The evidence behind five-a-day


I shared last week that my key issue with five-a-day is that it is not evidence based. For something to be evidence based, the evidence must come first. This critical fact seems to be beyond the grasp of public health officials. I promised to share the exchange I had with Public Health England, back in 2013, when I challenged them on their five-a-day advice. It forms the main part of this week’s note.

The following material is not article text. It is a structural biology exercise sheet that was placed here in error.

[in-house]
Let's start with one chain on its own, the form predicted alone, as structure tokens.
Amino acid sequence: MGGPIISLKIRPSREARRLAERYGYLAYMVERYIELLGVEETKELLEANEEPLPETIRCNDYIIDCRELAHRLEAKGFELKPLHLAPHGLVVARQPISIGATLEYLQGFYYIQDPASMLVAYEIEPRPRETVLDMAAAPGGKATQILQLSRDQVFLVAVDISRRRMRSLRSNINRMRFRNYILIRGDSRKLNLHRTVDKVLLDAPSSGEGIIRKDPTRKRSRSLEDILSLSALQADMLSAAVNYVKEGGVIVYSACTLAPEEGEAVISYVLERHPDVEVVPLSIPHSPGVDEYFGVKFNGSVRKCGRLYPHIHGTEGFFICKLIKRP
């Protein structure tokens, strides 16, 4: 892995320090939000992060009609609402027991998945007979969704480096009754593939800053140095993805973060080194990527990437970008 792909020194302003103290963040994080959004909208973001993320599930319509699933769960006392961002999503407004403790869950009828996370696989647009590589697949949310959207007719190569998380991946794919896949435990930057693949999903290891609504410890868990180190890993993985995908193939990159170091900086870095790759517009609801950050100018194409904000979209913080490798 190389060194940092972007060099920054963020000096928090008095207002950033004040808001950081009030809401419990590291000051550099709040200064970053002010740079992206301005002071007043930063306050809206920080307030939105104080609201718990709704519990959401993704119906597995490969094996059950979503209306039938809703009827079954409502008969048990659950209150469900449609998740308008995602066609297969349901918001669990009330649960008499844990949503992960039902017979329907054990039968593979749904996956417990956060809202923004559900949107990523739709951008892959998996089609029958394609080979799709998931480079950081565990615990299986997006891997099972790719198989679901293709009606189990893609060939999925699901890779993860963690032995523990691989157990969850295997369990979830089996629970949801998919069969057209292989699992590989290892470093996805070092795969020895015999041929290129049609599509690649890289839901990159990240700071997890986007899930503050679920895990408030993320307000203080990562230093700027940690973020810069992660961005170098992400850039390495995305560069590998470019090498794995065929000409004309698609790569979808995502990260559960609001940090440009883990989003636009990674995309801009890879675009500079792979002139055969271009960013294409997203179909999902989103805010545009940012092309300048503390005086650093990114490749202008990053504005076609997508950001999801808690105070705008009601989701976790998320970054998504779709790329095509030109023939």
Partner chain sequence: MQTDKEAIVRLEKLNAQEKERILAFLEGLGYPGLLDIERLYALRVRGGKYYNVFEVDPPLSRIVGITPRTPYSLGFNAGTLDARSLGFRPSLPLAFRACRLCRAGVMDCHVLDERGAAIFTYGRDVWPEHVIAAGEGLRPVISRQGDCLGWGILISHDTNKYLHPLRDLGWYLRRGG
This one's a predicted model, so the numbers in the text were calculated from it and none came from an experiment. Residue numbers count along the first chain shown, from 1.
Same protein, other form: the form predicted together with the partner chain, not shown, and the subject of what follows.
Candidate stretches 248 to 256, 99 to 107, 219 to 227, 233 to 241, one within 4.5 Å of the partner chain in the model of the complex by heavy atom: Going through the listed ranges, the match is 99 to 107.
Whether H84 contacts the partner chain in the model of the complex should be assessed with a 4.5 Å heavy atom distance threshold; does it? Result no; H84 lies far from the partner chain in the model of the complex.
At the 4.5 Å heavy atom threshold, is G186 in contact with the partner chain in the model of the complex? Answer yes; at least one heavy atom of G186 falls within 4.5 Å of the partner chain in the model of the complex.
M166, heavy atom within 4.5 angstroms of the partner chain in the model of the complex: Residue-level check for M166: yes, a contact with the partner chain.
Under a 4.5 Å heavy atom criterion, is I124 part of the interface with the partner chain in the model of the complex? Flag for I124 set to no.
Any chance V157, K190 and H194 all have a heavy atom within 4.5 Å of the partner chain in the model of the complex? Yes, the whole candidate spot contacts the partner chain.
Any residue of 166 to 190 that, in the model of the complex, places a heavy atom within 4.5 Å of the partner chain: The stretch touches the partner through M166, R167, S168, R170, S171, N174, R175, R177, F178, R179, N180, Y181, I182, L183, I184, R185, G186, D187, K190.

Before we get to that, I’ll share some other posts that I’ve done on five-a-day. The first thing I wrote on five-a-day was in Chapter 13 of my 2009 book The Obesity Epidemic: What caused it? How can we stop it? I posted the five-a-day section from Chapter 13 on my website in 2012 (Ref 1). That post went through the history of five-a-day; what it had become in different countries; how fruit and vegetables measure up nutritionally and the evidence for the slogan. This review ended by asking the question – even if five-a-day wasn’t evidence based, surely it’s still a good thing to do? In the context of obesity, I concluded that it is not for five key reasons:


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